Is the U.S. too Big to Fail? Dr. David M. Kohl, professor emeritus of agricultural and applied economics at Virginia Tech in Blacksburg, Virginia, said the United States is not too big to fail considering the extreme left and the extreme right in Washington D.C. have created a dysfunctional government. I had asked Dr. Kohl, who is one of the top farm industry speakers in the world and lives only four hours from Washington D.C., exactly that question at the end of his presentation. This after taking into consideration his comments, observations and question marks about rising inflation, interest rates and land prices. Hold that thought because when I go to hear a speaker of this high billing (and I’ve heard him before) who is not afraid to speak out and say what he thinks, I often try to legitimize in my own mind his comments by posting a good question at the end. First, let me introduce him to you and say thanks to the RBC Royal Bank who brought Kohl to Manitoba’s communities as part of the RBC Agricultural Speaking Series, an interactive presentation for farmers and agribusiness owners. Kohl certainly energizes people in his audiences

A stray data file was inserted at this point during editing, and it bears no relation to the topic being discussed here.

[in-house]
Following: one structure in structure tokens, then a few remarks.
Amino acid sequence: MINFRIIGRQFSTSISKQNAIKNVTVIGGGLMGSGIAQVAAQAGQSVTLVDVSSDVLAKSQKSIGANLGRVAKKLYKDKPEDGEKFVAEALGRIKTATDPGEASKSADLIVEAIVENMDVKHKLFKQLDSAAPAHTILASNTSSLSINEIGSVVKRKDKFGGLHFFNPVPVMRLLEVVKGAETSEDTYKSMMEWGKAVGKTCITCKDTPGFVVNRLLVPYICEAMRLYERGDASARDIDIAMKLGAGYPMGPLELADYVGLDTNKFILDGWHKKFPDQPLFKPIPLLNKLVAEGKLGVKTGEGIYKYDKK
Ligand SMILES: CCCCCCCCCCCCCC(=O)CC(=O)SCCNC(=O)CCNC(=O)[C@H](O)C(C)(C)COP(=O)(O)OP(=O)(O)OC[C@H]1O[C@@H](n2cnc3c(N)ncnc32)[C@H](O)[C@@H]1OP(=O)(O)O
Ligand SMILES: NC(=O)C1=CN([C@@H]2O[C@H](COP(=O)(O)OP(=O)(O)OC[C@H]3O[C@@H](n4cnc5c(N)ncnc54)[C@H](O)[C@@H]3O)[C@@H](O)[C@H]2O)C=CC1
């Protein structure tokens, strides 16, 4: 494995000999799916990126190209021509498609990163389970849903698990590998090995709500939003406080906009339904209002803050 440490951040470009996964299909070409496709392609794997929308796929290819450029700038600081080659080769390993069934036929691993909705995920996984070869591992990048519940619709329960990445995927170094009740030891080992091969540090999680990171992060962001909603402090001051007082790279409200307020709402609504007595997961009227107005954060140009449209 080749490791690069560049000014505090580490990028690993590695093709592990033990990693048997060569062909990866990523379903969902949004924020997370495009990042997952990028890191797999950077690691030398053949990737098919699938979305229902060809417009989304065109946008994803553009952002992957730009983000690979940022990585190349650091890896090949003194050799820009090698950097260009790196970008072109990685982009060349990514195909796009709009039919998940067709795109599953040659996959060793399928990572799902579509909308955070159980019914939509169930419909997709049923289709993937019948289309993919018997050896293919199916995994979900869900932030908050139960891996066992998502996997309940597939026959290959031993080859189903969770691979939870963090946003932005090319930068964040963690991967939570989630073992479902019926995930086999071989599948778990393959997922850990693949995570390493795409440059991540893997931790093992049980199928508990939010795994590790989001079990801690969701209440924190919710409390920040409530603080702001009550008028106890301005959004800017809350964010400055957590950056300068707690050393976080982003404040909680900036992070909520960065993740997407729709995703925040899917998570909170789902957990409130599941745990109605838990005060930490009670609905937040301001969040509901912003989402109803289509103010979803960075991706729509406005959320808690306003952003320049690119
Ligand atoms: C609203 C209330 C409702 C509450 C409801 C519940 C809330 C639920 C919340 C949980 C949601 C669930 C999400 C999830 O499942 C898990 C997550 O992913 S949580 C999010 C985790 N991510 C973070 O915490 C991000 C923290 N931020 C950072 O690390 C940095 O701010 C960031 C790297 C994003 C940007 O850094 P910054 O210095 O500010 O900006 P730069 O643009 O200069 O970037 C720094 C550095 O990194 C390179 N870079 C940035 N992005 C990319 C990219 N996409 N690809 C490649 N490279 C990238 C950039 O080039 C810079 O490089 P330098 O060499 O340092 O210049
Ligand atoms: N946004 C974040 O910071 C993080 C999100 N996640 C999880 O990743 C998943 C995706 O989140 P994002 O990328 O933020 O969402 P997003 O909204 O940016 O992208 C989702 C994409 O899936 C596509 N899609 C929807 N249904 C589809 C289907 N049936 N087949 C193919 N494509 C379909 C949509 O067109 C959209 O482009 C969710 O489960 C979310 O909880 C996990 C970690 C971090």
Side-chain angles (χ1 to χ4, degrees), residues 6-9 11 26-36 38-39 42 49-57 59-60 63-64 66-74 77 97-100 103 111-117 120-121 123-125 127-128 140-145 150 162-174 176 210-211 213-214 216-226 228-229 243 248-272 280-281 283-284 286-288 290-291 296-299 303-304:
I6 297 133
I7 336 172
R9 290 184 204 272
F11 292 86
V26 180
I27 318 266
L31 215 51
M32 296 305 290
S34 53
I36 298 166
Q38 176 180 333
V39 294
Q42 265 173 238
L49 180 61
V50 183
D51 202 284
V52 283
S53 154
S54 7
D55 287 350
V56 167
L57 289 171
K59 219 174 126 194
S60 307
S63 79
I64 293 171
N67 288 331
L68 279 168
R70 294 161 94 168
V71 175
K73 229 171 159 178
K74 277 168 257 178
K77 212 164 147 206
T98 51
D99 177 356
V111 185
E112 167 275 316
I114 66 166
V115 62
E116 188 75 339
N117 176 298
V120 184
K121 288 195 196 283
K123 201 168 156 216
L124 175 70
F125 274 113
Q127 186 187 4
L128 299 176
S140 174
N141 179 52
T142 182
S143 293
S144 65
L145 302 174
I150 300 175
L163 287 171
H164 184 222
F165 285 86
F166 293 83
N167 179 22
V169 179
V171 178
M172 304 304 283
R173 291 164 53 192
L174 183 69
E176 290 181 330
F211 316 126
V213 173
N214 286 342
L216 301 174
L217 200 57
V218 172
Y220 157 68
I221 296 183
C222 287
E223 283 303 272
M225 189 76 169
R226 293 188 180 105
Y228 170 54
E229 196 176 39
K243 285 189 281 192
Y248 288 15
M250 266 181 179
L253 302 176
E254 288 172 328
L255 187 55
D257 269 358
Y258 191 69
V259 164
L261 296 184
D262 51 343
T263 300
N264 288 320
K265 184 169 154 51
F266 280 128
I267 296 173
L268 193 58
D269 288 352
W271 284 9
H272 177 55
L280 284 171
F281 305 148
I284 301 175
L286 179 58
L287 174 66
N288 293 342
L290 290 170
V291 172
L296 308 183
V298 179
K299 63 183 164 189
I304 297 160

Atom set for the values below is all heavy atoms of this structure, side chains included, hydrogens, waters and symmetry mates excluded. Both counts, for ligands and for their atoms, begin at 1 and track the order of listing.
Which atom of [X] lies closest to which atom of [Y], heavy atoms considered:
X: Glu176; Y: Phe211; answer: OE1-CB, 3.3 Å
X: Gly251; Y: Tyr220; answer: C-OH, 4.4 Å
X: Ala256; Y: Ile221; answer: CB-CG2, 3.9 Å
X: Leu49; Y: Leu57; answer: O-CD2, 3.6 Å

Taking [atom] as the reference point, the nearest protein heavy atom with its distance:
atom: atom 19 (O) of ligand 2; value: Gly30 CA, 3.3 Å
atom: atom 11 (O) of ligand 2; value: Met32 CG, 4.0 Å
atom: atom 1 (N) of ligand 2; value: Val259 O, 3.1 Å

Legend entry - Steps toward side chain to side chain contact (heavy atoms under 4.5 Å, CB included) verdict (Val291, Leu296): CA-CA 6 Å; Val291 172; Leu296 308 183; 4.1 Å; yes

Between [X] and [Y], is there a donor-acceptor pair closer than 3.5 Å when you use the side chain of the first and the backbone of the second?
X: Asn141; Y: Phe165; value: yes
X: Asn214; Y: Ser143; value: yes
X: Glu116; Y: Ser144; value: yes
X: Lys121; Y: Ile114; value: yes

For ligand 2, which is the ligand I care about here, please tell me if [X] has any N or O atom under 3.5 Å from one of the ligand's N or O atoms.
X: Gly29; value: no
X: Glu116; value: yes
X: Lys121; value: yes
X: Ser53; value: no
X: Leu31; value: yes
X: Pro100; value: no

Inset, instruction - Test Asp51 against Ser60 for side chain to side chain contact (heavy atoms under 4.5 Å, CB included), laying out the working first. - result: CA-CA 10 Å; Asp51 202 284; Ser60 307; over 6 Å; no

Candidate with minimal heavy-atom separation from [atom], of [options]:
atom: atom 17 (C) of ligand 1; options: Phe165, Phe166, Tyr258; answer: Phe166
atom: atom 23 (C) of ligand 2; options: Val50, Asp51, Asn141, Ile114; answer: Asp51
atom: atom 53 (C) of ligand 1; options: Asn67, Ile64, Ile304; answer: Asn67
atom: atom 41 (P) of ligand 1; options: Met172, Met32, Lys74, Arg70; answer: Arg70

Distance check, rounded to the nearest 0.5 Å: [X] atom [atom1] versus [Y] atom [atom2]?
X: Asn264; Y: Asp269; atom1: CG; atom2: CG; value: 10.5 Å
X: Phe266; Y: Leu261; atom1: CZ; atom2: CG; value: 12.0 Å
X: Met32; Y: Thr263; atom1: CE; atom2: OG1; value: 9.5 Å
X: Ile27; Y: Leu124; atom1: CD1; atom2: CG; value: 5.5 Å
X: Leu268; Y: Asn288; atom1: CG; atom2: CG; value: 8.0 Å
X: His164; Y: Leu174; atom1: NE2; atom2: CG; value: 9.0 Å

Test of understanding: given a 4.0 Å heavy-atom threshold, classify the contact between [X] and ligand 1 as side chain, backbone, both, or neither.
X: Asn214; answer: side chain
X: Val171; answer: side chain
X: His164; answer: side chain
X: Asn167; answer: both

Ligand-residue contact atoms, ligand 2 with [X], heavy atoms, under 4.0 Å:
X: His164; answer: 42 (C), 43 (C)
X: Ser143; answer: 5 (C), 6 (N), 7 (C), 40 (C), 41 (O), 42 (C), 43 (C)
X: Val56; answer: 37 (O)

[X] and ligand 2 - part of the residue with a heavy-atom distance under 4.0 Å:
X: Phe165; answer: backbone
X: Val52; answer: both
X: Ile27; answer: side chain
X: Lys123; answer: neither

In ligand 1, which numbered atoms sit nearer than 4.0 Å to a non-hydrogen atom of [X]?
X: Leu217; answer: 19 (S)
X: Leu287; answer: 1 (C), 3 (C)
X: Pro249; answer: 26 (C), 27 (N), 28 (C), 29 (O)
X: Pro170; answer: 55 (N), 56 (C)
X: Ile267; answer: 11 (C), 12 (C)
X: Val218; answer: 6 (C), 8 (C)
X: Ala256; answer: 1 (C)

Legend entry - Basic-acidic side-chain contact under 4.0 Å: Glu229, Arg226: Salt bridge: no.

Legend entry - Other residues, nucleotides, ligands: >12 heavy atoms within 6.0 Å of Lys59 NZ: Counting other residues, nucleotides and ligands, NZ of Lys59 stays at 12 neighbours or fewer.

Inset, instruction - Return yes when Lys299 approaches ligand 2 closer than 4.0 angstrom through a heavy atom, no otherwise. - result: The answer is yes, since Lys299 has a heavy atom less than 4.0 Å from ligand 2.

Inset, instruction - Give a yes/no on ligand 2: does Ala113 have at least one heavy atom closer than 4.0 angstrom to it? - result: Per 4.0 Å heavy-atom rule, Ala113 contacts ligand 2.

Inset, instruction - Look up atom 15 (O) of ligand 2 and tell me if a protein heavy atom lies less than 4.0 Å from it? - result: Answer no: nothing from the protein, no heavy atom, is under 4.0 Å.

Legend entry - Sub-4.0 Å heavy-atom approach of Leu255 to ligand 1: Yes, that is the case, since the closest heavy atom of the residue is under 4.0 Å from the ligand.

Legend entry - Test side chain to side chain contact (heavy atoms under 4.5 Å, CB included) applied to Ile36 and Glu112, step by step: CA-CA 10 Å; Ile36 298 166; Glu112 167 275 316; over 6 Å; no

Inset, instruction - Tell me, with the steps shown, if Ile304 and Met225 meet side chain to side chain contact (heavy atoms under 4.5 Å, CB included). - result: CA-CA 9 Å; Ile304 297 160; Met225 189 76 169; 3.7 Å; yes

with his keen insight into the agricultural industry acquired through extensive travel, research, and exposure during his career. With over eight million miles traveled in his professional career in conducting over 6,000 workshops and seminars for a variety of agricultural audiences, he has earned the right to say what he thinks, and he did. Kohl’s personal involvement with agriculture and interaction with key industry players provide a unique perspective into the future trends of the agricultural industry and economy. His first point is that 80 percent of economics is about emotion and behaviour. He outlined five points in this category placing greed, greed and greed as number one. He used the example of one farmer buying land for $21,000 an acre in Iowa, and had there been another 1,000 acres, he’d have bought that too. His thinking, “They don’t make anymore land.” The second emotion cited by Kohl was anxiety and that is a good one. “This is a good emotion because it brings the most objectivity to your decisions,” he said. “People ask me, when will